In my 1L Legal Analysis & Writing course, I seek to instill professional behavioral norms through various course policies, all explicitly stated in my syllabus, concerning compliance with deadlines, punctual attendance at class and scheduled meetings, civil and respectful interaction with classmates and me, timely and good faith completion of ungraded exercises, etc.  A percentage of each student’s grade depends on how well he or she meets these professional standards. Two of my students missed their first deadline for an ungraded exercise last week; neither had any kind of explanation. Consistent with the underlying professionalism theme of my course, I informed these students that such behavior, if repeated, would fail to meet my professional standards, just as it would fail to meet the professional standards of any legal employer.

It will be interesting to see if and how Twenge’s findings manifest themselves in the current and future 1L classes. I strongly recommend the book; it provides an excellent foundation for putting a variety of possible student behaviors into context.

Jumpstart Outline: Ideas to Help You Make a Plan to Teach “Public Citizen” Lawyering in Any Law School Class

Best Practices for Legal Education and Building on Best Practices urge legal educators to help students develop their professional identities. One aspect of a lawyer’s professional identity is performing the role of “public citizen.” The Preamble of the professional conduct rules in most jurisdictions explains that lawyers are “public citizen having special responsibility for the quality of justice.”

We can help students begin to understand what it means to be a “public citizen” if we address the issue in concrete ways across the curriculum. The following outline provides some ideas for integrating public citizen lawyering into your course.  This is a long list, but there should be an idea or two that will work for your course, whatever its focus.

Use (or Adapt) Existing Course Materials, Exercises, and Activities to Make Explicit Connections Between the Course and the Lawyer’s Work as a Public Citizen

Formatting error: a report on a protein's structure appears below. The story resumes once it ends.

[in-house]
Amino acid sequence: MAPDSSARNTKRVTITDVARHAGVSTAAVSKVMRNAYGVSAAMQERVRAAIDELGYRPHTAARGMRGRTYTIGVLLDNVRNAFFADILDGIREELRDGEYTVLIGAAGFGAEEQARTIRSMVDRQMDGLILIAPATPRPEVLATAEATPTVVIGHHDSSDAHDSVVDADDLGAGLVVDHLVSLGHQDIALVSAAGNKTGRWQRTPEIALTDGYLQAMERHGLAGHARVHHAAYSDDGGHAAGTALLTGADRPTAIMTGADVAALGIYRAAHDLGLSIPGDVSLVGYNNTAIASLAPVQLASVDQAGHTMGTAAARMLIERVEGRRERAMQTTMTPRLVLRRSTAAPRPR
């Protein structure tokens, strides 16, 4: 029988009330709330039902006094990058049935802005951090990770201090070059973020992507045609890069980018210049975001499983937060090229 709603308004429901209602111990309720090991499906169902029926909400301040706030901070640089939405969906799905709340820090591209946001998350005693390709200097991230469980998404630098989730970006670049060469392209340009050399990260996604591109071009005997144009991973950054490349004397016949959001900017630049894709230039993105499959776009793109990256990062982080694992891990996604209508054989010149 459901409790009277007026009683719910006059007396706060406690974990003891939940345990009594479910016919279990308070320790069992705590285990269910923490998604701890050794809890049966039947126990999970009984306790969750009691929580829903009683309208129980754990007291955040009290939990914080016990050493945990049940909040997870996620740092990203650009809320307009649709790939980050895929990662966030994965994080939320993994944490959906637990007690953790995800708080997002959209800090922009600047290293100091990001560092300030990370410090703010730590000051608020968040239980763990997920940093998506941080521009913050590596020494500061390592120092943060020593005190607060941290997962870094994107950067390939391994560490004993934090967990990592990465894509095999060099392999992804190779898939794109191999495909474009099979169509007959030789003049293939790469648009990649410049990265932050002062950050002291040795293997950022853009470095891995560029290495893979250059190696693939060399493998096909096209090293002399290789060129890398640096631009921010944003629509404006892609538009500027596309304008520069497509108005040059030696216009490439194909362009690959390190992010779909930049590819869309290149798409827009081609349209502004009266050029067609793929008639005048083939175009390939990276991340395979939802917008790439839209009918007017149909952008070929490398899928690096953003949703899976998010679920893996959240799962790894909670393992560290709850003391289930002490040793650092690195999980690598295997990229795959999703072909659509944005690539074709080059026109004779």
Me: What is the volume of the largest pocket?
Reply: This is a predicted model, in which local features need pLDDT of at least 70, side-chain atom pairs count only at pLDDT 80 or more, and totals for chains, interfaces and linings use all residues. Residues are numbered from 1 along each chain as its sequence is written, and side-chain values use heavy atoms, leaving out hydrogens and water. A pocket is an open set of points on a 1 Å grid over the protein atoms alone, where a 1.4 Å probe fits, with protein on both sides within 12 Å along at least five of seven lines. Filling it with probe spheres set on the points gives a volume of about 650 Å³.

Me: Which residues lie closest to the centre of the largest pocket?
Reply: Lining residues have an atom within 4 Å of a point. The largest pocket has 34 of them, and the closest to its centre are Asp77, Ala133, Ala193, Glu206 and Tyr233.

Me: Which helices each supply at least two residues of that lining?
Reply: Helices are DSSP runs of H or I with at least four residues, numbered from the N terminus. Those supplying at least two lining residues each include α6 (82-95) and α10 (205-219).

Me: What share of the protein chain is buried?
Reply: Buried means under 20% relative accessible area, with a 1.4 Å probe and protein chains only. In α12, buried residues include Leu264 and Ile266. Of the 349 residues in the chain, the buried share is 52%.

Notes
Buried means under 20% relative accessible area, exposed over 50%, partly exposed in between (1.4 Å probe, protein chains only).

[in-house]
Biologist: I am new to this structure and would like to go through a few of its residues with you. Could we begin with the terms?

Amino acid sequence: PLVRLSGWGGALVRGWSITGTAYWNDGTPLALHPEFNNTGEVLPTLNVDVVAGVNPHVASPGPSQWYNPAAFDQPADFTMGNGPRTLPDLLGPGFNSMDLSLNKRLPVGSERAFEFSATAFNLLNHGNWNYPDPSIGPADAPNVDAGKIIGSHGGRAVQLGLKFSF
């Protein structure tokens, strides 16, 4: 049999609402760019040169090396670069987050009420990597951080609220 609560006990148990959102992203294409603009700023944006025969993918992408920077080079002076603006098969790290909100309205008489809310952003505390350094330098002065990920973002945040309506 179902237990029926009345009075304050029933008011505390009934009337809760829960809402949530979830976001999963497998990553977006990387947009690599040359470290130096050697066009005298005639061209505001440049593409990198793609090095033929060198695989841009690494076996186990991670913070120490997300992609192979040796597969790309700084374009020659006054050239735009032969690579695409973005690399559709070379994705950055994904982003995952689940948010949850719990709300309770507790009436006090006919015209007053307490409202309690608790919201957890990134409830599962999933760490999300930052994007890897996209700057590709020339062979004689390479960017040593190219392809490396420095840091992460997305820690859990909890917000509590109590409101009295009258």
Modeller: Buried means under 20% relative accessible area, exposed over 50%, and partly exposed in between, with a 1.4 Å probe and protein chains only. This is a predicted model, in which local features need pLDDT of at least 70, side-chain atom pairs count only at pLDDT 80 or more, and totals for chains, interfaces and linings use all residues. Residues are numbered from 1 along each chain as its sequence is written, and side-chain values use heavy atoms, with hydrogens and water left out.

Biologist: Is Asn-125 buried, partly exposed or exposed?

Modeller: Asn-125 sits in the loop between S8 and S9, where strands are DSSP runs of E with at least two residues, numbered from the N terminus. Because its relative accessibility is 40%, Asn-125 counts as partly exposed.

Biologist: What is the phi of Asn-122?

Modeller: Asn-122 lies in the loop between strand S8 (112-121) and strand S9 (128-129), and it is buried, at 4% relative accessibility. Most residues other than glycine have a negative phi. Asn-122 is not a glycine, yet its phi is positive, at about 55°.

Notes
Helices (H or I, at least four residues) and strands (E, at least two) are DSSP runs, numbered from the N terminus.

• Find the Public Citizen Lawyers in Your Current Textbook. Are there lawyers in your textbook that are fulfilling the public citizen role? Discuss them when you see them.
  • Use Course Materials to Help Students Identify and Discuss Injustice. Help students become justice-seeking lawyers by helping them identify injustice. In the chapter Social Justice Across the Curriculum (in Building on Best Practices), Susan Bryant identifies seven questions that can be used in any class to help students explore injustice.
  • Discuss Needs for Law Reform in the Subject Area of the Course. When you encounter areas of needed law reform in course material, discuss how lawyers can play a part in making that change.
  • Use Writing Assignments to Give Students Experience Advocating for Law Reform. For writing assignments that require students to recommend or draft proposed changes to the law, make the explicit connection that this one way that lawyers fulfill the public citizen role: they advocate for improvement in the law. Provide them avenues to publish, discuss, and otherwise publicize their work.
  • Lawyer Speakers Should Be Asked to Discuss How they Serve. If you ordinarily invite lawyers to class to talk about course related topics, prompt them to talk about the things they do to serve the public and the legal profession.
  • Integrate Social Justice Issues Into a Course Exercise. Is there an exercise you currently use to develop knowledge or a skill in which you can introduce an issue of social justice? For thoughts on designing and debriefing that exercise, see Susan Bryant’s chapter Social Justice Across the Curriculum in Building on Best Practices: Transforming Legal Education in a Changing World, at pp. 364-66
  • Prompt “Public Citizen” Discussion in Journaling Exercises. Prompt students to reflect upon public citizen issues in their course journals. What are areas where they see a need for law reform? What could they do to address those issues now and in practice? Suggest that students talk to lawyers (with whom they work) about how they serve the public and the profession. Ask the student to reflect on those discussions in their journal.

Create New Activities and Exercises that Integrate Course Material and the Lawyer’s Role as Public Citizen

  • Prompt Students to Create a Professional Development Plan.Particularly in classes where students may have common career goals (such as in an externship or capstone class), prompt students to write about their values, interests, and strengths, and to make a plan for the future, including a plan for service.
  • Integrate Pro Bono or Service Learning Into the Class. Find an opportunity for the class to represent a client or clients or serve a community organization or population that is connected to the subject matter of the class.
  • Create a Law Reform Activity for the Class. Engage in action as a class to reform the law in an area of need connected to course material. For suggestions see Mae Quinn’s article Teaching Public Citizen Lawyering: From Aspiration to Inspiration, 8 Seattle J. for Soc. Just. 661 (2010).
  • Require Students to Interview a Lawyer. The interview should cover course-related material as well as the lawyer’s service to the poor, the public, and the profession.